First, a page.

European seaweed food market unfolded
Algae will play a vital role in feeding the world by 2050. To enhance innovation in the algal sector, the European Interreg 2 seas project ValgOrize works on creating an interdisciplinary platform for a sustainable production and processing of high quality, stable, safe algae. Yet, production and processing are not the only important aspects: taste is just as important for selling and distributing algae. That’s why this project focuses on aspects including taste, aroma, colour and texture. A recent market study within this project unfolds the European seaweed food market.
The Valgorize project
The goal of the ValgOrize project is to increase the capacity of seaweed entrepreneurs to produce reliable, consistent streams of high-quality algal biomass and to process it for food. In this way, the project aims at facilitating emergence and growth of a new sector within the food industry that produces food products sustainably from algae. The project will focus on increasing and integrating innovations, increasing insights into consumer acceptance of algae products and gaining insights into the investment needed to scale up algae production to commercial scale.
New out: European market study
Within the project, Noordzeeboerderij Foundation is leading the study on valorisation to support and accelerate the development of a technically and commercially viable seaweed supply chain for food applications. With this study, we want to develop a roadmap towards sustainable production of algae for food applications. In order to achieve this, we studied the existing market, and we will study the market potential and the key success factors of the algae food market. So, how feasible algae foods in Europe? We are thrilled to share the first results about the current market for seaweed as food in Europe with you!
Food Trends & developments
The current food landscape is subject to several trends and developments. The trends and developments which are of importance for the European seaweed sector are highlighted in the figure below.
Supply of the seaweed food market
- European production of seaweed is approximately 1% of the global seaweed biomass supply in recent years.
- 99% of the European seaweed supply currently originates from wild harvest.
- Current European seaweed production is not fully satisfying the demand, seeing as the import of seaweed is more than triple the export. Investing in seaweed cultivation in Europe is seen as a sustainable solution to meet this high demand.
- A growing interest in seaweed cultivation has been observed, due to its benefits in comparison to conventional agricultural and the opportunities it offers for sustainable sector expansion.
- Although seaweed cultivation in Europe is still in its infancy, it is considered a key development which should be embraced and supported.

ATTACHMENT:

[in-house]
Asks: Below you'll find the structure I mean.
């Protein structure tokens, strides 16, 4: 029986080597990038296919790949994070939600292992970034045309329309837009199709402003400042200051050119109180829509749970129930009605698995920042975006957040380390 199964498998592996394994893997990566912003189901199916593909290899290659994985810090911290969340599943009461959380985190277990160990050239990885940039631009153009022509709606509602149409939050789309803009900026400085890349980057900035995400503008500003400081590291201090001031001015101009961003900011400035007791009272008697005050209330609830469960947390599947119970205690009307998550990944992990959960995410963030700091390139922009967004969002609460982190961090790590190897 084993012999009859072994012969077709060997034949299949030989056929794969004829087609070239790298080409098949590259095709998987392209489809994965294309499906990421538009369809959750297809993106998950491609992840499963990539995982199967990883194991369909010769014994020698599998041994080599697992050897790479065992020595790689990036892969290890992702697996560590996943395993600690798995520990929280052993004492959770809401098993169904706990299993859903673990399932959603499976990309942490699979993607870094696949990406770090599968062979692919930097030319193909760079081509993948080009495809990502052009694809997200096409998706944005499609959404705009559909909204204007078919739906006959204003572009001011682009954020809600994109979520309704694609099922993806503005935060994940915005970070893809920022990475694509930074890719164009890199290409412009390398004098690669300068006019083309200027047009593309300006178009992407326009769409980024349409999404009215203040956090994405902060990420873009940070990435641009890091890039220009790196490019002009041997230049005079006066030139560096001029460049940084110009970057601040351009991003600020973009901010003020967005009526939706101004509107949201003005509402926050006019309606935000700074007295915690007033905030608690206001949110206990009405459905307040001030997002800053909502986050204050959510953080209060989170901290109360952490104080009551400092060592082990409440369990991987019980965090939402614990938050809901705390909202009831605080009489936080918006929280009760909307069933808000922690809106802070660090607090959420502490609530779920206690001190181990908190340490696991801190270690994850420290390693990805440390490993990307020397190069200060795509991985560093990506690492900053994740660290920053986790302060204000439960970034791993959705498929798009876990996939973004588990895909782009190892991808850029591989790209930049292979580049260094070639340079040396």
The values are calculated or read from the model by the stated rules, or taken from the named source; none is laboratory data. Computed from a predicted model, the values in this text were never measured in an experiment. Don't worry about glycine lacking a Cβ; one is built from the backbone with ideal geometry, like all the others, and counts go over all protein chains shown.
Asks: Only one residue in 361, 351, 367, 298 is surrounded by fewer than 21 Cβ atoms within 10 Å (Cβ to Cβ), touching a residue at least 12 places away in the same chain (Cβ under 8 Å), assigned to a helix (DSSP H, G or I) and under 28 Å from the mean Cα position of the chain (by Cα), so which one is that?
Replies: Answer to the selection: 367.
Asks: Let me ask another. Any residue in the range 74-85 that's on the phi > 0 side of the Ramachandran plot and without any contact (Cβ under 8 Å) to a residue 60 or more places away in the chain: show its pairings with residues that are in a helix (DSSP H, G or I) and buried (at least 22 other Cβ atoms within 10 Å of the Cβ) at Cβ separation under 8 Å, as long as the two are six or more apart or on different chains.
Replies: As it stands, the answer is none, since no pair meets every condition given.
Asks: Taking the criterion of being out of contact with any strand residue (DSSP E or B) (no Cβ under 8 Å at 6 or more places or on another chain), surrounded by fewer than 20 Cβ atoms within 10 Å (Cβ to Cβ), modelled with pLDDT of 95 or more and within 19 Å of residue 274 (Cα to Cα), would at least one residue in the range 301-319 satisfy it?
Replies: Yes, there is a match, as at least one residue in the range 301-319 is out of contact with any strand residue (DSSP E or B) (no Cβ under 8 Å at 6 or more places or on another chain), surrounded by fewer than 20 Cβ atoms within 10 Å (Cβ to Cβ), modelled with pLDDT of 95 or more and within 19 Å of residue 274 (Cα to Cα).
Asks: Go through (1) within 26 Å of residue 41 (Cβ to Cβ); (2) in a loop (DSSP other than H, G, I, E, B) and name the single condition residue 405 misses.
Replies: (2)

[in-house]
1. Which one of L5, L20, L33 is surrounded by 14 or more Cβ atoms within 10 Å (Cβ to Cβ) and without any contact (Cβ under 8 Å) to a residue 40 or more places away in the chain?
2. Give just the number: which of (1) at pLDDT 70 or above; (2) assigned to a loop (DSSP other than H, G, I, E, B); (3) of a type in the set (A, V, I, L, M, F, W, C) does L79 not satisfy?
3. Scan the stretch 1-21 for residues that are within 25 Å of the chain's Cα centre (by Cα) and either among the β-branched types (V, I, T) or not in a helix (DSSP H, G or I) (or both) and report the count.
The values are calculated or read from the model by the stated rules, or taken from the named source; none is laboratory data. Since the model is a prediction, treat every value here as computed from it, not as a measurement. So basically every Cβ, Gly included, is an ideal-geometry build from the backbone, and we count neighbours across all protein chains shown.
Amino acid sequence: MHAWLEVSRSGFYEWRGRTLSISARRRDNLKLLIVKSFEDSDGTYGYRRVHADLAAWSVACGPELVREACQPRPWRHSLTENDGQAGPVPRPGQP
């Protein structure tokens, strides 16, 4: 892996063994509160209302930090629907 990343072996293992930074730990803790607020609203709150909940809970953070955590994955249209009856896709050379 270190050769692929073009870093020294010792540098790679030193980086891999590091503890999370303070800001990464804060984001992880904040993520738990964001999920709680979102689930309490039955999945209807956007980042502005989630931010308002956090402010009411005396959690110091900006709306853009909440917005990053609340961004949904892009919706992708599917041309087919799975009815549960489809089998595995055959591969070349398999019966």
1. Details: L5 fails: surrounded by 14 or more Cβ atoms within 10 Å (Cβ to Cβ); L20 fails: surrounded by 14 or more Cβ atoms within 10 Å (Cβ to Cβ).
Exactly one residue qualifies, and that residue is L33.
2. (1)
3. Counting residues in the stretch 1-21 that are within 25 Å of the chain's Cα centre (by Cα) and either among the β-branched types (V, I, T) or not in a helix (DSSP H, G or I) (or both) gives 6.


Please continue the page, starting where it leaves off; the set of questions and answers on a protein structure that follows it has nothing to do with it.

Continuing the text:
Characteristics of the current seaweed food market
- The use of seaweed for human consumption (including both seaweed as food and as a functional ingredient), makes up approximately 85% of the world market.
- The European market for seaweed food products is growing annually by an estimated 7-10%.
- The current available European regulation for seaweed as food is insufficient. Therefore, new standards for algae and algae-based products are being developed.
- Seaweed is used in food products in 3 distinct ways: as meal component, as condiment and flavouring and as functional ingredient.
- Most used seaweed species in European seaweed food products are: Palmaria palmata (Dulse); Undaria pinnatifida (Wakame); Porphyra sp. (Nori); Ulva sp. (Sea lettuce); Himanthalia elongata (Sea spaghetti); Saccharina latissima (Royal kombu). These seaweed species can all be found in the North Sea.
For the scope of this research, we focussed on certain aspects of the European food market. However, further research on topics that are underexposed in this research is needed, such as: seaweed as a functional ingredient, characteristics of the sensory profile of individual seaweed and how this fits the western palatability, nutritional properties of seaweed and potentially undesirable compounds. We also want to emphasize the importance of actively collecting new data through interviews and other sources to work towards improved market information on the current seaweed food market in Europe. That way, we can better estimate the growth potential of the identified existing, and possible new, seaweed food markets in Europe. Subsequently, we will research to what extent these seaweed food markets can be supplied with local cultivated seaweeds.
This market study is a good first step in exploring the market and potency of local cultivated seaweed. We will continue our research to encourage investment and enhance the development of a European algal value chain.